How to Make Pasta that’s Perfectly Al DenteNovember 13, 2018
- Katrina IriberriWords
Every chef knows cooking it al dente is the best, nay, only way to have your pasta. But while the phrase gets thrown around more times than “bolognese” is mispronounced, I’m not entirely sure everyone knows what they’re talking about.
It’s a spaghettini-thin line between over/undercooked and al dente pasta. This is guide will help you stay on the right, delicious, and healthy side of that line. Note that I wrote the below with boxed pasta in mind. For fresh pasta, adjust the cooking times accordingly.
Use a lot of water
The guidelines differ on what is the correct amount of water to use for a pound of pasta, ranging from four to six quarts of water. The absolute minimum, though, according to Marcella Hazan, is three quarts, or roughly three liters. A lot of water is needed for the pasta to have space to move around and to prevent clumping.
Just keep stirring
All that water will come to naught if you just dump your pasta in and leave it until your timer rings. Alton Brown recommends stirring your pasta for the first thirty seconds. This is critical because most of the starch is released at the start of the cooking process. If your pasta is too close together at this point, that half-dissolved starch will act like a glue between your noodles. Stir it again every three to four minutes to prevent sticking (especially for pasta variants with strands like spaghetti, fettuccine, etc.). Just be careful not to over-stir, this will prevent the water from coming back to a boil.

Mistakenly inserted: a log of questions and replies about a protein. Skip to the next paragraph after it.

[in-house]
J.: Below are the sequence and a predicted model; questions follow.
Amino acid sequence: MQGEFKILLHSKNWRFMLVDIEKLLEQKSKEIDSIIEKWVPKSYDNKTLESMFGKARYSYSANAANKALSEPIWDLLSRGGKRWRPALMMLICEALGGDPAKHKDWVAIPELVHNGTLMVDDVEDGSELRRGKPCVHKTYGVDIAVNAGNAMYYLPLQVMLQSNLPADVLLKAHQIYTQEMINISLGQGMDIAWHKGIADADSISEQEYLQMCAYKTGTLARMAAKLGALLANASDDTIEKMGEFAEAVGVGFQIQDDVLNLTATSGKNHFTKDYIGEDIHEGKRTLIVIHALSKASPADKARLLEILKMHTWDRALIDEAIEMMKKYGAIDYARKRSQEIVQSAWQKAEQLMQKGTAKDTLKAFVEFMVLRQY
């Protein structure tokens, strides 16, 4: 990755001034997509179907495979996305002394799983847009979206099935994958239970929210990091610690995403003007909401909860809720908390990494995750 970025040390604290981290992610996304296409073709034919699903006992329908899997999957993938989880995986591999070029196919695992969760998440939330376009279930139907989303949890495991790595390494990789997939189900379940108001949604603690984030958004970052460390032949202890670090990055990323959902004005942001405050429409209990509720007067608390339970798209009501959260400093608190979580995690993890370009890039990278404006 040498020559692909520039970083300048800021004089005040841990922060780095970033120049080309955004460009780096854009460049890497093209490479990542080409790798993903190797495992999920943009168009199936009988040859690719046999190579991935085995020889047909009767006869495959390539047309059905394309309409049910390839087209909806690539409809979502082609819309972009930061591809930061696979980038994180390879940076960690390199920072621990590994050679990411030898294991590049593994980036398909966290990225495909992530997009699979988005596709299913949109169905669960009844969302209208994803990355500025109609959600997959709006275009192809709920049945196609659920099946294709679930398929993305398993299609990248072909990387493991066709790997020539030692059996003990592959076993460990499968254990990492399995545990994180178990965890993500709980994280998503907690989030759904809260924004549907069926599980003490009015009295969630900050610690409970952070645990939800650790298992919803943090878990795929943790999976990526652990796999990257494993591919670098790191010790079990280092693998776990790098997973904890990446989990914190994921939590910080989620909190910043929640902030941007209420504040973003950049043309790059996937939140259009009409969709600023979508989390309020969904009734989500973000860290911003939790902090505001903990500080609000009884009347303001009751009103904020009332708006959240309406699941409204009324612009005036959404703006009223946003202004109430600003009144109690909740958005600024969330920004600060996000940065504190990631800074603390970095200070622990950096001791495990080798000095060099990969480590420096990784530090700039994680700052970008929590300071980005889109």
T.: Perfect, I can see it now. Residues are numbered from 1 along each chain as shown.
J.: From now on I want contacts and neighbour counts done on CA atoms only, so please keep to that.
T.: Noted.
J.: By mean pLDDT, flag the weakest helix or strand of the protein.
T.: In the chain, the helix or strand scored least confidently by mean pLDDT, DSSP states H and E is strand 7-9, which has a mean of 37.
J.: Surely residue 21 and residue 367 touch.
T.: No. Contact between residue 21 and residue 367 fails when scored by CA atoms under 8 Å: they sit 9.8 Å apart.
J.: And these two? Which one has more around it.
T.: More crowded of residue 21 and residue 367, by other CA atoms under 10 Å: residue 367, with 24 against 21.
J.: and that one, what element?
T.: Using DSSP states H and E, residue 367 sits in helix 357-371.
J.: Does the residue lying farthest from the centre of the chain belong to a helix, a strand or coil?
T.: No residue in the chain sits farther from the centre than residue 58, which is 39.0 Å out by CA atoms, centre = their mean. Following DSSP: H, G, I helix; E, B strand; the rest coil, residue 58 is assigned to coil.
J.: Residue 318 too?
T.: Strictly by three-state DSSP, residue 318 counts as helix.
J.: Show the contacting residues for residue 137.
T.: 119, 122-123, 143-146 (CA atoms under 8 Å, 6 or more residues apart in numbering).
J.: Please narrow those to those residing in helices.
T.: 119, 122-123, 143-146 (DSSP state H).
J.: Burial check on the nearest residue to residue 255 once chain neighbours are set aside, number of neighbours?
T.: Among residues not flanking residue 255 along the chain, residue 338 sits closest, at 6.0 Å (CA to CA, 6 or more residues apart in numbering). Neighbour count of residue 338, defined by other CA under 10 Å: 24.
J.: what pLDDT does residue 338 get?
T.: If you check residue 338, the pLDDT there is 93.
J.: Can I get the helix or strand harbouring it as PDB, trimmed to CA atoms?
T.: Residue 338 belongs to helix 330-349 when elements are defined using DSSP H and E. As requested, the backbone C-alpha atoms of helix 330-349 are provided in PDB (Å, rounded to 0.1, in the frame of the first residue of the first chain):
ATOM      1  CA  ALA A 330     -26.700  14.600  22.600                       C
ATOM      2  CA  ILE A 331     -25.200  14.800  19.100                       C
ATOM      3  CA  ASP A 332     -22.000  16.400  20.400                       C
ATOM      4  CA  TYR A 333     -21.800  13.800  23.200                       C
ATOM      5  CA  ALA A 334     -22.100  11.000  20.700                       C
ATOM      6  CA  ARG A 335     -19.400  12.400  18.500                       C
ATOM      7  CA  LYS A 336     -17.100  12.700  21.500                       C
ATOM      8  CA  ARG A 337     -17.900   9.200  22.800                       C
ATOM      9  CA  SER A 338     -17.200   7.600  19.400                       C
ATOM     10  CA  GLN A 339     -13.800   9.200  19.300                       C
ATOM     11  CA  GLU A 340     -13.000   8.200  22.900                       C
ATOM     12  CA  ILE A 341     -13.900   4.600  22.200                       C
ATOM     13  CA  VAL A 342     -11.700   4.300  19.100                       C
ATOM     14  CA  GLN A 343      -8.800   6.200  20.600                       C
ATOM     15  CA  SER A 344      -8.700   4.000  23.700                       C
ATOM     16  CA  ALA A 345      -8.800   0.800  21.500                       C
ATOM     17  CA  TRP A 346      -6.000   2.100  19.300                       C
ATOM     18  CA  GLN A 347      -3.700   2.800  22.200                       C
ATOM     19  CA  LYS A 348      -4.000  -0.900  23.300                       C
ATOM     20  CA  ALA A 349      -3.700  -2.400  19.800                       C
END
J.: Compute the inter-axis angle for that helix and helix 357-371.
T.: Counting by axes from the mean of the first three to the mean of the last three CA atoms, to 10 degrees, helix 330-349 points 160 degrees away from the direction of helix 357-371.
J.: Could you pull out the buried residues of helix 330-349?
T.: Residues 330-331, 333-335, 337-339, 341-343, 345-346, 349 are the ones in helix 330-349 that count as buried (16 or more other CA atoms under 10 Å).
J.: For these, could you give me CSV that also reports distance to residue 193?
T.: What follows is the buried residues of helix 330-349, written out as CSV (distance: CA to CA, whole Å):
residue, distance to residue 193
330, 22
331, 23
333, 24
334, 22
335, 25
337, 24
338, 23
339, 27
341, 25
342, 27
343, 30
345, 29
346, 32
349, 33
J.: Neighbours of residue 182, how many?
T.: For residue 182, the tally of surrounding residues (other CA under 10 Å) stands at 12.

Taste and test early
Remember, you can always cook something for a little while longer if needed, but you can’t reverse the process if you’ve overdone it. If your pasta packaging says that your fettuccine cooks in twelve minutes, start taste testing at the nine-minute mark. If there’s a white, starchy line in the middle of the pasta, then it needs more time. If it stretches and bounces back like a rubber band when you pull it at the ends, then it’s close to finished. As fun as it sounds, don’t test your pasta by throwing it at your wall. Pasta that sticks is already past al dente, so don’t even try it.
It’s safe to take your pasta out a minute before the indicated cooking time, especially if it’s going straight into a pan of warm sauce.
Do it the Italian way
Drain the slightly undercooked pasta and transfer it directly to the pan where your sauce is still cooking or warming. Mix the pasta in with the sauce using your tongs, adding half a cup of the pasta water if you think it’s too dry. Serve the dish immediately for best results.
In contrast with the typical Filipino way where the pasta is drained, transferred to a serving bowl separate from the sauce, and guests serve themselves accordingly, this method saves people from being the one who ends up with the last clump of sticky pasta molded into the shape of the bottom of the bowl.
This overcooked, gummy mess is the result of hot pasta continuing to slowly heat and cook itself well after you’ve taken it out of the boiling water. Also, the weight of all the pasta on top will press down on the pasta at the bottom, causing it to stick and clump. If you still prefer to serve your sauce and pasta separately, then I suggest using multiple shallow dishes for the pasta to give it air to breathe.
I hope the tips above help you make better pasta and protect your forever from lunchbox-shaped spaghetti. Do you have your own tips? Or do you just not get the fuss about cooking penne al dente? Let us know in the comments.